Retail and hospitality seem to be experiencing the biggest problem with ghosting coasting, with 79% of hiring managers for this industry saying they’ve been ghosted. The industry with the lowest percentage of employers saying the same was health and education (64%). However, all of the industries represented in our study appeared to have dealt with more than their fair share of this phenomenon.
Preventing ghosting coasting from occurring surely depends on the industry and all of the factors that could prompt someone to suddenly move on from a job, but there are things employees can do to improve retention and help avoid situations where employees feel forced to leave without notice.
Among respondents involved in the hiring process, 47% said increasing salaries was the top strategy they implemented for improving worker retention. Other things employers did to help the issue included better training or onboarding (40%), having clearer job descriptions (36%), and allowing for flexible or remote work schedules (34%).
The top reason employees ghosted, according to respondents, was finding a better paying job (36%)—something that increasing salaries would surely help to remedy. Other reasons included poor working conditions (27%), lack of diversity (14%), and being underqualified for the role (13%).
With seventy percent of millennials admitting to ghosting an employer, ghosting coasting is a major problem in the workplace. It has impacted all industries, with retail and hospitality taking the biggest hit. Businesses are taking measures to retain their employees, such as increasing wages and offering better training. With labor shortages continuing, employers will likely pay attention to issues like ghosting coasting and put measures in place to ensure that retention improves and that their employees feel compelled to stay in their job as long as possible.
Skynova provides online software including invoices, accounting, timesheets, and more for small businesses. In addition, we like to write in-depth articles about various topics we, and hopefully our customers, find interesting. They generally have a business or workplace angle, and often intersect with another area of society (e.g., business and technology, politics, sports, health). Articles are based on surveys, statistics, and our own research.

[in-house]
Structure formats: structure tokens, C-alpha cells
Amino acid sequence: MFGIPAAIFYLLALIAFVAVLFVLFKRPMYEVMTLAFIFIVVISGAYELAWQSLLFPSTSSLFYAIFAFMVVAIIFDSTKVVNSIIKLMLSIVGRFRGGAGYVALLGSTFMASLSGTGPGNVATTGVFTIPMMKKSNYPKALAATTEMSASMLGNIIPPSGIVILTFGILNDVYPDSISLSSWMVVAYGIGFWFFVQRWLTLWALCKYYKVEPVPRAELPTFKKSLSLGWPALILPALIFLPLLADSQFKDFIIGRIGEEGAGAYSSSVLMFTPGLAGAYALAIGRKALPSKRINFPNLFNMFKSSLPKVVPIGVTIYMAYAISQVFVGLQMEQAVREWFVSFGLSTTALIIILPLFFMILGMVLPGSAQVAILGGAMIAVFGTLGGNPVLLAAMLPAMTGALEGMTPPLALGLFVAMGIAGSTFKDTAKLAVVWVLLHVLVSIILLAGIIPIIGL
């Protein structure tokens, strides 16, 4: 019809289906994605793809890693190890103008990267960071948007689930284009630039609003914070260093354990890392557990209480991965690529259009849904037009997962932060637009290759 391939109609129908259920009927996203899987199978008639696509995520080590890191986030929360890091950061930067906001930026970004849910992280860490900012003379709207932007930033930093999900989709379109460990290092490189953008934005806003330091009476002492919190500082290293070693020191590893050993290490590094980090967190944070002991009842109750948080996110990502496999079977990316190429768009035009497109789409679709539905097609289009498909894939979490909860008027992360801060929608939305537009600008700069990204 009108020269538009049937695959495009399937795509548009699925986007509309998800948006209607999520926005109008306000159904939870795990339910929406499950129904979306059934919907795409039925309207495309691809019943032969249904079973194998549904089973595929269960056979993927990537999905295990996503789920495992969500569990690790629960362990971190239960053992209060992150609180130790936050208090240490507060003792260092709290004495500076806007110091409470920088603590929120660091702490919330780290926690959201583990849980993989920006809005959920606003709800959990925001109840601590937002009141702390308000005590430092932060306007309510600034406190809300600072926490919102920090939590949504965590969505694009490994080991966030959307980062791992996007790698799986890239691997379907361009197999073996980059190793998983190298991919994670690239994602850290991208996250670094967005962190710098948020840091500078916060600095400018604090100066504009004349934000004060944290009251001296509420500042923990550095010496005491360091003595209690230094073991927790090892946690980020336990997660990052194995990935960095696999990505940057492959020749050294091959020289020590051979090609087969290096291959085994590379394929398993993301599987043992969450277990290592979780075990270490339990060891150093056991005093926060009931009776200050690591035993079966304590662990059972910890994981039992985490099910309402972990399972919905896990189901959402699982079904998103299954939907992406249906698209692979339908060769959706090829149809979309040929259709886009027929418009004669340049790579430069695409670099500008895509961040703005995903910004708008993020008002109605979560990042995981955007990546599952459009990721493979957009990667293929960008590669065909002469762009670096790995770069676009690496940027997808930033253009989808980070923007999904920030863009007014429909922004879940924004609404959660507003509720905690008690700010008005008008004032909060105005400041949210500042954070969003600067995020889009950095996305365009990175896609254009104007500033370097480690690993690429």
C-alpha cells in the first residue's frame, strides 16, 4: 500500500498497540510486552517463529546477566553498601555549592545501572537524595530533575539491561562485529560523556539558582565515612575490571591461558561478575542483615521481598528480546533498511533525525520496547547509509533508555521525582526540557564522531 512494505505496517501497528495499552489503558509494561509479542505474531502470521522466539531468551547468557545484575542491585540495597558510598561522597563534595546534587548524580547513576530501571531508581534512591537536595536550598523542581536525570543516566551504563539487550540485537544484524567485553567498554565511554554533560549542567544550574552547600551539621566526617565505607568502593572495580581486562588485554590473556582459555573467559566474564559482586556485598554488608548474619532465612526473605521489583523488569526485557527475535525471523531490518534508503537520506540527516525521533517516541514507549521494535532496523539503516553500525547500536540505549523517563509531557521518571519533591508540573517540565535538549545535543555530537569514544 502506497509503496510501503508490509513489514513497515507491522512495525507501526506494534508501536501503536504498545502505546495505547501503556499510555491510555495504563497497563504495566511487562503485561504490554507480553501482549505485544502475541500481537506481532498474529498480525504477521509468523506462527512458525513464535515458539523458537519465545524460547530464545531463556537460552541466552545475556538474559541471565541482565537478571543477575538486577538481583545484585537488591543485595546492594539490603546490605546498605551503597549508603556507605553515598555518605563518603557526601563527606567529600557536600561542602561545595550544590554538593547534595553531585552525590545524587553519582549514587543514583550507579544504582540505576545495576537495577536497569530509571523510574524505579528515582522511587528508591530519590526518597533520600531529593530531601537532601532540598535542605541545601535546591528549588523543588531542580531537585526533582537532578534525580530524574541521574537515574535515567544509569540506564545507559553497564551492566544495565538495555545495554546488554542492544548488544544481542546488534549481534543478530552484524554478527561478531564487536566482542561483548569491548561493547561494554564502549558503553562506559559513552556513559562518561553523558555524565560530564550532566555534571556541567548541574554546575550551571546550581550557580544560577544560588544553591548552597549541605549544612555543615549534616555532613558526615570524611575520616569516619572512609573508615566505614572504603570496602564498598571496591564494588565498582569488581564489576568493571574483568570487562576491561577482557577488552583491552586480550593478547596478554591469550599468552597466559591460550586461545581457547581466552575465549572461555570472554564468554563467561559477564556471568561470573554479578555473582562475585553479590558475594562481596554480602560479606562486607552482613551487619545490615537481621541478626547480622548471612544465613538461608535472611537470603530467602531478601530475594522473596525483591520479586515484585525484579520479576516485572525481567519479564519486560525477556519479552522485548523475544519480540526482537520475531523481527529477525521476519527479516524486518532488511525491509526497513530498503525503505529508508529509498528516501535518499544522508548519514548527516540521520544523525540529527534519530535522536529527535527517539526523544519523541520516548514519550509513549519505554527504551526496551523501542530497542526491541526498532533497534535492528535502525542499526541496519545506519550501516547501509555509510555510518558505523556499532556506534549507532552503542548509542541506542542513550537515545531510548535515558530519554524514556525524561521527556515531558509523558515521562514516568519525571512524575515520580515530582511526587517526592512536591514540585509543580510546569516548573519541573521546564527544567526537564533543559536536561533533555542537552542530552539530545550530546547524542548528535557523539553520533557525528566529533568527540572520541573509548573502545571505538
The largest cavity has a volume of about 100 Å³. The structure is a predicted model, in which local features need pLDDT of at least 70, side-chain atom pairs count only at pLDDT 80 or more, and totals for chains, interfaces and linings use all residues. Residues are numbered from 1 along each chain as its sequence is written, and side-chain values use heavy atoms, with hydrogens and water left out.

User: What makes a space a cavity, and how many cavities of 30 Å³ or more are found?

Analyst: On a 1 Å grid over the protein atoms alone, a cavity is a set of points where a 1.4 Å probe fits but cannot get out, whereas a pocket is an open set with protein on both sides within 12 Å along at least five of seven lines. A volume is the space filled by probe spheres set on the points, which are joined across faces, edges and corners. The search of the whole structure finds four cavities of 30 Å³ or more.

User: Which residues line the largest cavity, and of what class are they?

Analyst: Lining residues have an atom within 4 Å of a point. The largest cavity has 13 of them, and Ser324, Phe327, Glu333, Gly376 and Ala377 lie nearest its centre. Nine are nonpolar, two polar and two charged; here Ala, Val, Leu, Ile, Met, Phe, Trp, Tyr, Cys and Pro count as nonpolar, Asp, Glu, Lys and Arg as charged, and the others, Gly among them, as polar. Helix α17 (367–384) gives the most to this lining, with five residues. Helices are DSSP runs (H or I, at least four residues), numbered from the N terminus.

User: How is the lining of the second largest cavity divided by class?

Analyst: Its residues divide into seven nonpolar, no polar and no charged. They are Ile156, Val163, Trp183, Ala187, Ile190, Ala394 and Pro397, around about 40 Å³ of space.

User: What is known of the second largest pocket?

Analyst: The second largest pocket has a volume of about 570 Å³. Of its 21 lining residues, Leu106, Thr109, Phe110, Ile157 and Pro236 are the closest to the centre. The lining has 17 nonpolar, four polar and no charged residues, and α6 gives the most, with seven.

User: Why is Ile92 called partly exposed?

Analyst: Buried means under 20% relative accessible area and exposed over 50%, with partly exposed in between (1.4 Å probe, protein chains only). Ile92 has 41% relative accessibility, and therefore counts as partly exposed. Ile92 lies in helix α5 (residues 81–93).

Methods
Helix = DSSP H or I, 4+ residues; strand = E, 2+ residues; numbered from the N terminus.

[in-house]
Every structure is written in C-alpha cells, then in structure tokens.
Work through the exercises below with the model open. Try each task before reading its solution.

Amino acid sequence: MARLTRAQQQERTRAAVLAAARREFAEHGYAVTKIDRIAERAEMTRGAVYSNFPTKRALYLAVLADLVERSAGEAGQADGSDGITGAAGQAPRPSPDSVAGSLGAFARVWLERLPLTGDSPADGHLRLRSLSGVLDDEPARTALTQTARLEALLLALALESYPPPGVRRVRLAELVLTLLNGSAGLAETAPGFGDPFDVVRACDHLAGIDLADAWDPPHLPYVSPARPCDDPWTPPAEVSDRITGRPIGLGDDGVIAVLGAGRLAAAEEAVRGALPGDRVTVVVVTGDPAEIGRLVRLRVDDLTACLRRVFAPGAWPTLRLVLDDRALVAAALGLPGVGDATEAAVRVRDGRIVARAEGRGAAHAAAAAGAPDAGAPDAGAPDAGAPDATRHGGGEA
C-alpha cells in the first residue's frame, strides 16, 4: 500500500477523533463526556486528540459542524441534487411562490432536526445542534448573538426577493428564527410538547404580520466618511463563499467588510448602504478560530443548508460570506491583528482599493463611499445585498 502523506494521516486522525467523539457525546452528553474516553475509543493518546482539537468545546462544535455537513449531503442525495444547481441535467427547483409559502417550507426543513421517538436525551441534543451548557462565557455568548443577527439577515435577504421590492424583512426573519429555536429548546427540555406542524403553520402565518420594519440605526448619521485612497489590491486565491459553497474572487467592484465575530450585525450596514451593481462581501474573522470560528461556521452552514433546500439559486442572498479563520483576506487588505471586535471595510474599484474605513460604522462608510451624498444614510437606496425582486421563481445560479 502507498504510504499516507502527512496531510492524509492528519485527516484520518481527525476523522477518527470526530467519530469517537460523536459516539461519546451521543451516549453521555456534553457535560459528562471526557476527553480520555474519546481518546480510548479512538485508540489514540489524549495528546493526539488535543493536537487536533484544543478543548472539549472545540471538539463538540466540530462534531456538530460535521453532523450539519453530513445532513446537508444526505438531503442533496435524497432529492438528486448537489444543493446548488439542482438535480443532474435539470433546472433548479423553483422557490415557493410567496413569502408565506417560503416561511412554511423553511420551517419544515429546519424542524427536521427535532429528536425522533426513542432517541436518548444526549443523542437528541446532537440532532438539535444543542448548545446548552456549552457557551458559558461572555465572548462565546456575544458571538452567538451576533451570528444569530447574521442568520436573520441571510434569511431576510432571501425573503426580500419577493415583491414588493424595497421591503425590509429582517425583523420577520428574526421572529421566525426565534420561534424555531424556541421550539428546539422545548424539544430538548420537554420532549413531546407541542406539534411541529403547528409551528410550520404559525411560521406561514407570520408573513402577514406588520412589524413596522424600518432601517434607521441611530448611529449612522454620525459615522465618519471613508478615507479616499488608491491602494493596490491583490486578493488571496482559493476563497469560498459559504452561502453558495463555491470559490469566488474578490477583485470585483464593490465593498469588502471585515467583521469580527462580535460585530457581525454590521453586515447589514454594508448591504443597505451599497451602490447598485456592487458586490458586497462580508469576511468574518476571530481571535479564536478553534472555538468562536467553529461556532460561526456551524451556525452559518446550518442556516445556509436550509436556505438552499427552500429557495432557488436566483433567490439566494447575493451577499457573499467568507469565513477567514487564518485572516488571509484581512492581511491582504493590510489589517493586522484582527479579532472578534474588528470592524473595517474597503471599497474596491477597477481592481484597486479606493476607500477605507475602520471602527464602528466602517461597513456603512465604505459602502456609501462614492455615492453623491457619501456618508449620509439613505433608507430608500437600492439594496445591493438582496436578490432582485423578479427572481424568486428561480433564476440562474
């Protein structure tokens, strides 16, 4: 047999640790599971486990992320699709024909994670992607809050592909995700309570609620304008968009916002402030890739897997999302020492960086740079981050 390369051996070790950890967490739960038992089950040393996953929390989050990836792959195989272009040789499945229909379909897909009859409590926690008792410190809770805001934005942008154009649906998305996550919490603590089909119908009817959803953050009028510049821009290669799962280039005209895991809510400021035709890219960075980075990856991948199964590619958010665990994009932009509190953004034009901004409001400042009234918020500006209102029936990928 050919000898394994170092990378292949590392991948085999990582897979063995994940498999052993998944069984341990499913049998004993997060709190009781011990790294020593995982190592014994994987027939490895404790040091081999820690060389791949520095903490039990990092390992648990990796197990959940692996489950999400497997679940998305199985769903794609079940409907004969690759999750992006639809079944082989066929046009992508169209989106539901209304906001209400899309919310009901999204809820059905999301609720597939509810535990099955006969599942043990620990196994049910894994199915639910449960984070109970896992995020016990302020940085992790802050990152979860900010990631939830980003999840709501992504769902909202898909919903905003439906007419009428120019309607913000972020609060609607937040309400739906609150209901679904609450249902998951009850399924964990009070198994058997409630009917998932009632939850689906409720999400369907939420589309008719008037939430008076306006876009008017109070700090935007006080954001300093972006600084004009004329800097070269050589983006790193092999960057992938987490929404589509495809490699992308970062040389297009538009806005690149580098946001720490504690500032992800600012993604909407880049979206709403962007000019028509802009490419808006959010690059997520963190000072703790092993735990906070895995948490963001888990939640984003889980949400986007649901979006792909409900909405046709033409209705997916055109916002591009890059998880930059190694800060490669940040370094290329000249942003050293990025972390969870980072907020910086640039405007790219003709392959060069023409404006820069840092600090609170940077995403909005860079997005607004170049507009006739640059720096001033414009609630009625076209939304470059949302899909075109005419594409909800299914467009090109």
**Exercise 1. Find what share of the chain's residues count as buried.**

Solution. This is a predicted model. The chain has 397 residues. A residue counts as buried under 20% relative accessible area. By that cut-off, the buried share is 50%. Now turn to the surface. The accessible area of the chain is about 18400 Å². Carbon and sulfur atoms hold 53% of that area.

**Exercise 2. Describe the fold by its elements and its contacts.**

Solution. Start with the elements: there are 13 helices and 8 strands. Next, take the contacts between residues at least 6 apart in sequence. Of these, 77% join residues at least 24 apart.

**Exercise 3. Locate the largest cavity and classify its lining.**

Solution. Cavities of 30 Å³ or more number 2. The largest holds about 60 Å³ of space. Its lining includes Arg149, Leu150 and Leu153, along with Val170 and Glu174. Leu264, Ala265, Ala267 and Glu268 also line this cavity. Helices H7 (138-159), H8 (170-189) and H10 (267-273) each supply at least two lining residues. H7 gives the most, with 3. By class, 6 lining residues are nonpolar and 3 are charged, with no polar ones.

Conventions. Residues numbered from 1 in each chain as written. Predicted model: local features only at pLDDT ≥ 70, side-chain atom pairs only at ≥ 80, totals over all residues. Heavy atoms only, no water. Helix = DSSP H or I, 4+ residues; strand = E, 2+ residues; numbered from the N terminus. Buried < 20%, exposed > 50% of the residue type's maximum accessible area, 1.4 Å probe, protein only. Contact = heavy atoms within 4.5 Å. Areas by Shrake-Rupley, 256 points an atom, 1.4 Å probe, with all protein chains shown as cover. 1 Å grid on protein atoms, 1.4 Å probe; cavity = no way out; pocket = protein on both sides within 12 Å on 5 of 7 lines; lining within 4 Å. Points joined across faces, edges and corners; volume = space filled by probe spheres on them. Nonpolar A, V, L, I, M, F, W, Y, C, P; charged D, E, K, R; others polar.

We used Amazon Mechanical Turk to collect the responses of 1,002 employed people in the United States. 676 respondents had quit a job within six months of starting work. 641 respondents were moderately to extremely likely to be involved in hiring decisions. 59.2% of our participants identified as men, 40.3% identified as women, and roughly 0.5% identified as nonbinary or nonconforming. Participants ranged in age from 19 to 89 years old with a mean of 38 and a standard deviation of 11. Those who reported no current employment or who failed an attention-check question were disqualified.
The data we are presenting rely on self-report. There are many issues with self-reported data. These issues include, but are not limited to, the following: selective memory, telescoping, attribution, and exaggeration.
Are you an employer struggling with retention who’s interested in our findings? Feel free to share! We just ask that you link back to this study and that your purposes are noncommercial in nature.